Escapist Podcast - Science and Tech: 017: The Solar Death Ray and the Future of the Oculus Rift

017: The Solar Death Ray and the Future of the Oculus Rift

In this episode of The Escapist's Science and Tech podcast, host CJ Miozzi and Escapist writers talk about a thermal power plant that is frying birds mid-air, as well as the Oculus Rift: will it become a household item, and will competition kill the VR experience?

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The solar roadways never seemed practical to me. When I first heard of it I started poking holes in it due to logistical issues. Like so many things, the concept sounds great but the practical application of it is not as good as advertise or just not practically feasible. For example some technologies require the use of rare minerals which don't exist in large enough amounts to be implemented on a large scale, things that require platinum for example.

Roads are repetitively cheap when all it takes is some ground up stone, aka concrete. But all of the materials needed to make a solar panel could quickly get expensive. How much copper are other materials used to make electronics are used per square foot of these roadways. Last I read there was over 60,000 square miles of paved road in the US alone. So how many tonnes of copper and other materials is that going to require to make these solar roads? This would likely cause prices to rise in other industries that use these materials as well thus further raising the cost of the solar roads.

The Virtual Lasertag is nothing new. I recall when I was younger VR was the "Next big thing", which is why all this talk of Oculus and VR sounds outdated because the only thing that has improved is the graphics and price. Many of the problems that existed back then are still preset.

You basically got into a circle platform, similar to the omnidirectional treadmill. Then placed on a head set and had a handle controller. You used buttons to move and where you aimed your hand physically is where it aimed the gun. This was one of the many gimmicks that started showing up in local arcades as they tried to stay relevant when the console market was driving them under.

The real Lasertag setups though managed to stay relevant for much longer. Heck last year our manager had an office outing by going to a local arcade that had lasertag and go karts. Yet it's been over a decade since I've seen any of those crappy arcade VR headset games.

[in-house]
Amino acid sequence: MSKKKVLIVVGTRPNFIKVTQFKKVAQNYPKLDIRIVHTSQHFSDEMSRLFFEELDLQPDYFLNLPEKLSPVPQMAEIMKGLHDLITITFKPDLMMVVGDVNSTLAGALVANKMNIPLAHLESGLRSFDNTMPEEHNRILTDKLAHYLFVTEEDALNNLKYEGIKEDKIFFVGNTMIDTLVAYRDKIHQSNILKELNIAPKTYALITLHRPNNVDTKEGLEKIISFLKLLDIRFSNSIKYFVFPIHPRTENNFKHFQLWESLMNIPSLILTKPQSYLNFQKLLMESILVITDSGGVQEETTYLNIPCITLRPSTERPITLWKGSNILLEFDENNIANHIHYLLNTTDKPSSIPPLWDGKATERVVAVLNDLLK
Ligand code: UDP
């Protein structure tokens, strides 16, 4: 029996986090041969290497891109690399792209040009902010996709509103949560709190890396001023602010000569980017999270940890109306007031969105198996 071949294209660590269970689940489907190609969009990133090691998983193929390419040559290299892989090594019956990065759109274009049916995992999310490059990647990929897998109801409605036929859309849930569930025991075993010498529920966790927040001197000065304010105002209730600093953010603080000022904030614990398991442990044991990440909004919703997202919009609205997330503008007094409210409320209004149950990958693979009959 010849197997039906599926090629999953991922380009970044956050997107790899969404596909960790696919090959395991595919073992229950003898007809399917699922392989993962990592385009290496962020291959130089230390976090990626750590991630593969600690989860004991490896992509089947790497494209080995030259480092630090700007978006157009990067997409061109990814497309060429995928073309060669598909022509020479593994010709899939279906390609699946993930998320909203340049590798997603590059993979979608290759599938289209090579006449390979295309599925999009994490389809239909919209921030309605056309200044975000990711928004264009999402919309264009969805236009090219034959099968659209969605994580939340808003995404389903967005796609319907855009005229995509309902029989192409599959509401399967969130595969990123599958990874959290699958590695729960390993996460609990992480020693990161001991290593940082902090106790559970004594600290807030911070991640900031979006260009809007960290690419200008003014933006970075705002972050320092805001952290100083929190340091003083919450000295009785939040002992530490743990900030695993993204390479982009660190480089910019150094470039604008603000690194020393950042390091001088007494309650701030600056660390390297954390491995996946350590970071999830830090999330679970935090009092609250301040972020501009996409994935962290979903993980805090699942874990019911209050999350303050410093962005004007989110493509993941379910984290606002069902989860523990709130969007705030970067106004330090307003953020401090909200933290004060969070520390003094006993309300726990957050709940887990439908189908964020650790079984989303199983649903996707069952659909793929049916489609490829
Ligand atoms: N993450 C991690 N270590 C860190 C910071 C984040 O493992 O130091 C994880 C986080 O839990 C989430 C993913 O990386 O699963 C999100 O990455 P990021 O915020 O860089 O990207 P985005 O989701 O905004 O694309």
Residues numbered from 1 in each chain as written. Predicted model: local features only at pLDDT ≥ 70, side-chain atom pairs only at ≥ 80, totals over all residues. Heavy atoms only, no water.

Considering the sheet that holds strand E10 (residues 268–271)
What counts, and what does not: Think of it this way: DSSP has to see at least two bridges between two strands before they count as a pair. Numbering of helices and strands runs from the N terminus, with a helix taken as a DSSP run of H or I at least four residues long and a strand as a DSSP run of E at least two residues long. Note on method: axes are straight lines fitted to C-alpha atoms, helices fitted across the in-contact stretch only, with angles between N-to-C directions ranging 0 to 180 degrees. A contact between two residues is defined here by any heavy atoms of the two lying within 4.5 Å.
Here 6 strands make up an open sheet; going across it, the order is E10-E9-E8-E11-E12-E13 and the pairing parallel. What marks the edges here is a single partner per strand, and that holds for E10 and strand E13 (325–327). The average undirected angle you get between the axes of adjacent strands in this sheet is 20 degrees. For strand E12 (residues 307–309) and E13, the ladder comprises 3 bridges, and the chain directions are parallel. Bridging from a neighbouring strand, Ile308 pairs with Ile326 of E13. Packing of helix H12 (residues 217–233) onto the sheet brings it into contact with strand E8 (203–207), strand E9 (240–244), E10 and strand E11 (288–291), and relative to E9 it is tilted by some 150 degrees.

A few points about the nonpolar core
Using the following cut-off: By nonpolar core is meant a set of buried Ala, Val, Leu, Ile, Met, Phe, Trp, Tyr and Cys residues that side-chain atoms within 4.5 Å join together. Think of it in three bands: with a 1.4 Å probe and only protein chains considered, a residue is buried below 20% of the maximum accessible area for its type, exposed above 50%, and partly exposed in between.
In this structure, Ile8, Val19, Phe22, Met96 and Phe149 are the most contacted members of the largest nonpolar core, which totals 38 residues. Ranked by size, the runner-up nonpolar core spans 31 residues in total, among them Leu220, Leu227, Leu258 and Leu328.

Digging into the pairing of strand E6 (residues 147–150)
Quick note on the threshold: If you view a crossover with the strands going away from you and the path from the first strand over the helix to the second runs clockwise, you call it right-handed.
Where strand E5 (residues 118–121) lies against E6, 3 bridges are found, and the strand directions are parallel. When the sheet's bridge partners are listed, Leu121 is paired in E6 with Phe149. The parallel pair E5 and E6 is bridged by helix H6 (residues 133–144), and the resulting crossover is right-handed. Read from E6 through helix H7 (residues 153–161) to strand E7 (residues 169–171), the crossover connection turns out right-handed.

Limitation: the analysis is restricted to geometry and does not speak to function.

I see VR on par with the 3D in movies. Sure it can be cool but after a while it's just meh, since there is nothing really new other than it looks slightly better. Plus like 3D the VR requires someone to have good vision. Some people can't watch 3D because it makes them ill. I know several people who get a headache from trying to watch the 3D movies, their tolerance varies though as one guy gets dizzy after just 10-15 minutes and another gets a headache towards the end of the movie, after about an hour and half of watching.

So if you expect this format to become the norm you can't have it making people feel bad after a bit of watching. The thing is the 3D is often not perfect and it creates optical artifacts which your mind can't process. The best example of this is in the old fun house mirrors. A lot of them would cause distortions that made it hard for your eyes to focus on and thus give you a headache if you stared at them to long because your eyes are trying to focus. The most notable of these was the Bowl shaped mirror. It created this weird void look to it when you stuck your hand into was really easy to bump the back of because you couldn't clearly tell where the back was.

Your eyes naturally try to focus on things closer and further away as you look at them. Yet VR and 3D have everything at the same clarity regardless of distance. This is one of the dead giveaways in CGI and leads to something looking fake. Most people are not conscious of this though and it's just a feeling they get, so they can't say why it looks fake other than it does, because the subconscious mind does most of the work on pretty much everything.

So as your eye looks around, as it views things that are suppose to be closer or further away it naturally tries to adjust it's focus. But then your mind quickly realizes the item is already in focus so it adjust back. This puts strain on the eye which can lead to headaches and dizziness. Kind of like if you try wearing someone else prescription glasses you'll likely get a headache after a while since your eyes are working overtime to try and adjust to the new reality they find themselves in.


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